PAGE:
When Stanley Heflin discovered a $10,000 gold certificate between pages of a tattered book, all he could think about was flying off to Hollywood.

But since the Secret Service confiscated the certificate -- stamped "payable in gold" and dated May 8, 1917 -- Heflin's thoughts have turned from spending the windfall to retrieving it.

A Colonial Beach, Va., resident who has lived on Social Security since he was injured after falling off a ladder when he was 17 years old, Heflin, 30, supplements his $360 monthly checks by working odd jobs. Few were odder, it turned out, than the one he took seven years ago.

"We were supposed to take everything in the attic to the dump," said Heflin, recalling his task of cleaning out a summer cottage. "I saw a bunch of books laying there and I started looking through them. I said to myself, 'There might be something of value in there.' "

In a green book with yellowed pages, Heflin found the certificate, backed by $10,000 in gold when it was issued by the Treasury Department in 1917. But instead of getting rich, Heflin ended up getting a lawyer.

"I put it in my father's safe," he said of the certificate. "I figured it would get even more valuable."

In August, he decided to cash it in. That is when his difficulties began.

On the advice of his banker, Heflin drove to the Treasury Department from his riverside home town 75 miles south of Washington. He was referred to Secret Service agent Norman Allen.

Allen, who among other things works with counterfeit and out-of-issue currency, said in an interview last week, "I know {Heflin} is of the opinion that I gypped him . . . , {but} I had to take it, because it's considered an official record . . . . It has no value."

Rose Pianalto, a senior analyst with the Federal Reserve system, disagrees. Gold certificates were taken out of circulation in 1934 and are no longer worth face value, she said, but they do have historic value. She recommends that anyone holding one sell it to a coin and currency collector.

Peter Boyer, owner of Coins of the Realm, a Rockville shop that deals in stamps, coins and paper money, said Heflin's certificate probably would have fetched from "$200 to $650, depending on its condition."

And Nelson Whitman, owner of the Capitol Coin & Stamp Co. in the District, said, "It was worth a few hundred dollars. I'd buy it and resell it."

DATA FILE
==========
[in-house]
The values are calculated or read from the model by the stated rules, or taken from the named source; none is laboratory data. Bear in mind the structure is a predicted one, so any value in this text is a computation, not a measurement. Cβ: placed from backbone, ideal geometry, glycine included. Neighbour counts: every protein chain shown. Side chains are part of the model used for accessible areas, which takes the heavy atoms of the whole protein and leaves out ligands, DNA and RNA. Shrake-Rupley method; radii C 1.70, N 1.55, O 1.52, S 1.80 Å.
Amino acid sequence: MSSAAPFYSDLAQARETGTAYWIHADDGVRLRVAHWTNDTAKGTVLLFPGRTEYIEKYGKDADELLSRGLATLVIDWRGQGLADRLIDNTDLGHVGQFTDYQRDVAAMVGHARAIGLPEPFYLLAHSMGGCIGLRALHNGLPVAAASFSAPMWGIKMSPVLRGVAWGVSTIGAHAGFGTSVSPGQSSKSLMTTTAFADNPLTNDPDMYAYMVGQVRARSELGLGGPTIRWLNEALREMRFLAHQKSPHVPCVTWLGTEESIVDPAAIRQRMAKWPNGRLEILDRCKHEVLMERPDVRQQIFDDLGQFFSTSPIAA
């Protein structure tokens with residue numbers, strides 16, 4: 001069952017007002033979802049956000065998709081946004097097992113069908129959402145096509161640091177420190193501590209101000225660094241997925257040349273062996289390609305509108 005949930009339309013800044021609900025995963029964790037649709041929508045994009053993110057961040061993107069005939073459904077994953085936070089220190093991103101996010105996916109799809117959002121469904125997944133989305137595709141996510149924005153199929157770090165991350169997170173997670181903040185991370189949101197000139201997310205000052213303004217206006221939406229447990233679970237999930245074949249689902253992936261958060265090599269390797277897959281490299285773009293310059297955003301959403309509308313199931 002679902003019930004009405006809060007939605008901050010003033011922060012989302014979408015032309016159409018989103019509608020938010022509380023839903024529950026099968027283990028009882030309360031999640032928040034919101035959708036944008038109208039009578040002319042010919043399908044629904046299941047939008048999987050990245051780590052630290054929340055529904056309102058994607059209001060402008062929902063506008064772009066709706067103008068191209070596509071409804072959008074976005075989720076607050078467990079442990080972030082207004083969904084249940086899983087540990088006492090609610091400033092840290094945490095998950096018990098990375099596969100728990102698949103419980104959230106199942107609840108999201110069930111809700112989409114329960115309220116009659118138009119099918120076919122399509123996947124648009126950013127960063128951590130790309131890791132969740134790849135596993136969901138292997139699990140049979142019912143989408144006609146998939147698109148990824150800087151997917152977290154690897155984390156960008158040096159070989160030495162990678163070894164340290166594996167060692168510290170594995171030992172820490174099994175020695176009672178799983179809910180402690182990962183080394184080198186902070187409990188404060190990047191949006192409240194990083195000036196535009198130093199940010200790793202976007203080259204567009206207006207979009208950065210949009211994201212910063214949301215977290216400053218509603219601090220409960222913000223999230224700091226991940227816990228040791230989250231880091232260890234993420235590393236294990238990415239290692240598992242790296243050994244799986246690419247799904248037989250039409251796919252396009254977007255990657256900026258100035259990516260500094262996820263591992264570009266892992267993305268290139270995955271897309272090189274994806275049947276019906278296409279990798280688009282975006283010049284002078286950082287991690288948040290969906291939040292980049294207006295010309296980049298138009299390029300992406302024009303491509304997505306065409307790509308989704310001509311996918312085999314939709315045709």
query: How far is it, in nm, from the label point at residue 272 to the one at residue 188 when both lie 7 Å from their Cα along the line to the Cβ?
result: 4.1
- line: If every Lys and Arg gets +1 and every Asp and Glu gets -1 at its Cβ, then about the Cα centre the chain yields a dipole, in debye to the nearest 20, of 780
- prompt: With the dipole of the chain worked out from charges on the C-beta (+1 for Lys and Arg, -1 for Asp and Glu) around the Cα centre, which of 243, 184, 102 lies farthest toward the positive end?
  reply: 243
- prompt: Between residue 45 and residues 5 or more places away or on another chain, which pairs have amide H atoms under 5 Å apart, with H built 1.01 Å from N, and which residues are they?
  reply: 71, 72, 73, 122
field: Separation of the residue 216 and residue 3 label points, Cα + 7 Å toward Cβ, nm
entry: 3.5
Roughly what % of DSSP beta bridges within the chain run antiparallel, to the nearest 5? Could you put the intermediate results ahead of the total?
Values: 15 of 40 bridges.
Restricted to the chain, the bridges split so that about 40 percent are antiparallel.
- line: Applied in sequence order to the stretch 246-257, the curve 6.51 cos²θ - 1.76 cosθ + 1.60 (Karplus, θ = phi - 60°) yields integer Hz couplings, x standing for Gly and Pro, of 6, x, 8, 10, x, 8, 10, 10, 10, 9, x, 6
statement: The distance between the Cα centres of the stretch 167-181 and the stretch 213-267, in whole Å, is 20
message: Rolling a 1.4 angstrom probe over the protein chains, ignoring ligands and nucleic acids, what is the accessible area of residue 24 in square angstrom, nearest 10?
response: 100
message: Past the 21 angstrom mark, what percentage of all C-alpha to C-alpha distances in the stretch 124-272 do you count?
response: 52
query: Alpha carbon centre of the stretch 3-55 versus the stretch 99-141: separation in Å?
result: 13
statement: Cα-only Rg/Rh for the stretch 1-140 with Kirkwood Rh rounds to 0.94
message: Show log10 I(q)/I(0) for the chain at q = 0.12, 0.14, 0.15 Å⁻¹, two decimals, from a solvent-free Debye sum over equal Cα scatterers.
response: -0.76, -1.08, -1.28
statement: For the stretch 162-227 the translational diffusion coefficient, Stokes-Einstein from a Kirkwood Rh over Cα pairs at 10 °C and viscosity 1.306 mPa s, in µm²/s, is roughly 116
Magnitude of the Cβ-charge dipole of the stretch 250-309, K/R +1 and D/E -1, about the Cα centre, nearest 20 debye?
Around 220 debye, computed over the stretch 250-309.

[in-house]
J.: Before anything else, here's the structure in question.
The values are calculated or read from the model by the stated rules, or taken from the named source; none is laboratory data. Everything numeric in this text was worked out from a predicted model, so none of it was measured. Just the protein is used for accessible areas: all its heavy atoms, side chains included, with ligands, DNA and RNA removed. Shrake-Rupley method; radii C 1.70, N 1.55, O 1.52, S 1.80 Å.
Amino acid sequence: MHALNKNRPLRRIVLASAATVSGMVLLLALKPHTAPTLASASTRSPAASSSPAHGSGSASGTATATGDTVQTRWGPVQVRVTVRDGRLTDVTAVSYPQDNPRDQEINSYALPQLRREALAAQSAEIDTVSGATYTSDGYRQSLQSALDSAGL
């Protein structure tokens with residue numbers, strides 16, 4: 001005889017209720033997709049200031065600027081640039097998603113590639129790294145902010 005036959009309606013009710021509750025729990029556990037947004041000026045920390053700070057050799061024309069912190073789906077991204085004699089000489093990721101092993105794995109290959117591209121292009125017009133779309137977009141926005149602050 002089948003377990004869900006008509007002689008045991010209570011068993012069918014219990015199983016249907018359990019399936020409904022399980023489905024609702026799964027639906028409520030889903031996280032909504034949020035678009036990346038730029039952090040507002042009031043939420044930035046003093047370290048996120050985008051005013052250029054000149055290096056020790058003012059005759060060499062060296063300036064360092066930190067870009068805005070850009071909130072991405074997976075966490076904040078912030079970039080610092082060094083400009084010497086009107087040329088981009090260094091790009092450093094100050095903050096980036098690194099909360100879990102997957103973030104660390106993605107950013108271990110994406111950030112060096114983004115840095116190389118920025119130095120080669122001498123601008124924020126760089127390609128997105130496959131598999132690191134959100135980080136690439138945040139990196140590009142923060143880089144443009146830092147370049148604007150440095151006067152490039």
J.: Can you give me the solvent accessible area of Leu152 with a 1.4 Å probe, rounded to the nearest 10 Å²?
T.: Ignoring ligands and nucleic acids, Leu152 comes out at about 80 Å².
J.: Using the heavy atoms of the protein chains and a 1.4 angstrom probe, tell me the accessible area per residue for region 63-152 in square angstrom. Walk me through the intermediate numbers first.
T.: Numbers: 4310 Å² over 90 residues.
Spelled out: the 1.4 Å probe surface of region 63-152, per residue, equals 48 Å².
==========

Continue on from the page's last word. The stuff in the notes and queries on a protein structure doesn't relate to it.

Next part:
Although Whitman said he is certain there are no restrictions on trading gold certificates for collectors' purposes, Boyer is not so sure.

"Every so often I hear about the Secret Service confiscating them, but sometimes they look right at them and do nothing," Boyer said. At coin shows, which Secret Service agents sometimes attend, he said, "If they see them, they turn their head."

Allen said he could not turn his head because it states in the Secret Service manual that gold certificates "are considered to be retired government records. They are not bearer instruments and they are seizable as contraband."

Employes of several departments within the Treasury who were contacted last week said they had no idea what rules and policies govern gold certificates, and they referred calls to the Secret Service.

"It's not a question we get asked every day or every decade," Allen said, explaining the confusion.

"I presume something that old must have value," he said. "I don't know who's correct. I can only do what I am told -- {regard it} as an official government record."

Allen and Pianalto said that most, if not all, outstanding gold certificates were inadvertently disseminated on Dec. 13, 1935, during an early morning fire at the Old Post Office Building (then called the new Post Office Building) at Pennsylvania Avenue and 12th Street NW. Thousands of gold certificates and other papers that had been fueling the fire were thrown out the building's windows by firefighters.

"A number of passers-by picked them up," Allen said, "and from time to time they surface."

The speculation is that the certificate Heflin found was picked up by someone outside the Post Office Building during the fire. Vincent Mullin, the real estate broker who hired Heflin to clean out the attic seven years ago, said that before World War II, Colonial Beach was a favorite spot for Washingtonians who wanted a second home on the Potomac River.

Several gold certificates surfaced around the country in 1975, prompting the Treasury Department to issue a statement that began: "The effects of a fire in downtown Washington nearly 40 years ago are still being felt at the U.S. Treasury Department and making some persons unhappy."

The statement went on to say that a man had purchased one of the "worthless" certificates for $9,009, then sold it to an Ohio bank teller for $10,000. To clear up the confusion, the Treasury Department asked that all outstanding certificates be returned to the "nearest office of the U.S. Secret Service."

Heflin said that if he cannot get the $10,000 for the certificate he found, "I at least want it {the certificate} returned to me."

Ruth King, a Manassas attorney representing Heflin, would not comment on the case. "All I'm willing to say at this point is that I'm looking into the law" on the matter.

Meanwhile, Heflin said he is postponing his Hollywood tour, but he continues to poke around. On Labor Day, while working in the Colonial Beach Thrift Shop, he looked into "an old brown purse" because, he said, "I thought there might be something valuable in there. I don't know, I just get these hunches."

Inside, Heflin found eight $50 bills and five $20 bills. To date, he said, there have been no indications that the bills were anywhere near the 1935 Post Office building fire.